You’ve said that historians should call the bluff of people who twist the history of the Constitution for instrumental purposes. Please call someone’s bluff.
I submitted a brief in the District of Columbia vs Heller case, from three years ago. That was the case in which the Court struck down a 32-year-old handgun ban as incompatible with the Second Amendment. I think there are intellectual embarrassments of the first order in Justice Scalia’s opinion. He wholly ignores the history of how the Second Amendment got adopted. He makes things up that did not happen the way he hypothesizes. But I’m a historian and he’s a Justice. I’m a private citizen and he’s a public official. I think I have better footnotes, but he has a vote on the Supreme Court.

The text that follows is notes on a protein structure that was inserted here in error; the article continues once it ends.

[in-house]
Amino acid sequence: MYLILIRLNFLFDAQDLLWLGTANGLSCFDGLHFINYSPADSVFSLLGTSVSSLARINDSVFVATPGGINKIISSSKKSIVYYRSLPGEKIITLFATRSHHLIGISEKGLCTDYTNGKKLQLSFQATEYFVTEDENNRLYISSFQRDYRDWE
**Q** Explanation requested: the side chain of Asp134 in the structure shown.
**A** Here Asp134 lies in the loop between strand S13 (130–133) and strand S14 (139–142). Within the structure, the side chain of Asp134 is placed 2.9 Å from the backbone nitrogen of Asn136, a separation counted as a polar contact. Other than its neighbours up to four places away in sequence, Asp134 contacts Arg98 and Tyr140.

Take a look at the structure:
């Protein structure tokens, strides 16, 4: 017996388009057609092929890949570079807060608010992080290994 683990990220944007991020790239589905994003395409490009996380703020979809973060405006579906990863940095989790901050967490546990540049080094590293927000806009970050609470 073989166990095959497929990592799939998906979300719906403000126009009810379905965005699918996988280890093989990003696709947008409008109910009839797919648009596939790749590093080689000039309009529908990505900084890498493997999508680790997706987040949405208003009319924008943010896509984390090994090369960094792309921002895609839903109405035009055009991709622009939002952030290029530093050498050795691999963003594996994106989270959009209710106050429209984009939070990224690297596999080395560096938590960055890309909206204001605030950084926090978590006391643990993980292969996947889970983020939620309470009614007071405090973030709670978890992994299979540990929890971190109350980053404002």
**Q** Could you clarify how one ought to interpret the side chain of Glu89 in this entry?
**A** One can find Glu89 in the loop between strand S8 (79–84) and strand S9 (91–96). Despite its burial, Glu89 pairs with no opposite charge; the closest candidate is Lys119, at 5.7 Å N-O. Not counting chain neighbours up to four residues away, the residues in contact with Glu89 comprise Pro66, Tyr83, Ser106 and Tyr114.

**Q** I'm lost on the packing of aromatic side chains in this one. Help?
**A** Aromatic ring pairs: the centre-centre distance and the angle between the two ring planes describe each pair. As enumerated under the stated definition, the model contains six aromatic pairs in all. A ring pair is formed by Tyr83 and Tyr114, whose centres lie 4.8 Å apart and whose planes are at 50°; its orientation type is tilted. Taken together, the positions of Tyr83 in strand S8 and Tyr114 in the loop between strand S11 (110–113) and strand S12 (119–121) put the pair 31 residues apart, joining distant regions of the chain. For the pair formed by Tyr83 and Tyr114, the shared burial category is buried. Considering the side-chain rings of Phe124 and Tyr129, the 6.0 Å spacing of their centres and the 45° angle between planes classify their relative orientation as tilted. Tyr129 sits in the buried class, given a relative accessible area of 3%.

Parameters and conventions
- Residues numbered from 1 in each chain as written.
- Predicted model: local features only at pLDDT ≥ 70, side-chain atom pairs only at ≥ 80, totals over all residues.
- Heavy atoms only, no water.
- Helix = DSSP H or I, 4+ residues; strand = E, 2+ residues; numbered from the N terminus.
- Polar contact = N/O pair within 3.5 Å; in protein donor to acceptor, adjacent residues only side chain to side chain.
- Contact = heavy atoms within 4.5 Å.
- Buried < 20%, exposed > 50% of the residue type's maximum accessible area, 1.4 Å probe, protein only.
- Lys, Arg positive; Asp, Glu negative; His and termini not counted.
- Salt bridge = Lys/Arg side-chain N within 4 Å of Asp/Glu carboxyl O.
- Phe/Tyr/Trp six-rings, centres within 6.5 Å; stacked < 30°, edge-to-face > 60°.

Read the entire fascinating interview (and order any/all of the books Rakove recommends) here.

As we muse that things could always be– indeed, once were– even worse, we might recall that it was at dawn on this date in 1804 that Alexander Hamilton and Aaron Burr met on a rise in Weehawken (NJ) to resolve their differences with a duel.  The rivals fired essentially simultaneously;  Hamilton’s shot was wide, but Burr’s hit its mark.  Hamilton died the following day.  While there was a good bit of personal animus between the enemies, their feud was fueled by deep political divisions. It’s proximate cause: Republican Burr’s feeling maligned by Federalist Hamilton.  But the bloody encounter was just one symptom of the deep animosity loosed by the first emergence of the nation’s political party system.

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I’ll take the low road…

source: Argonne National Laboratory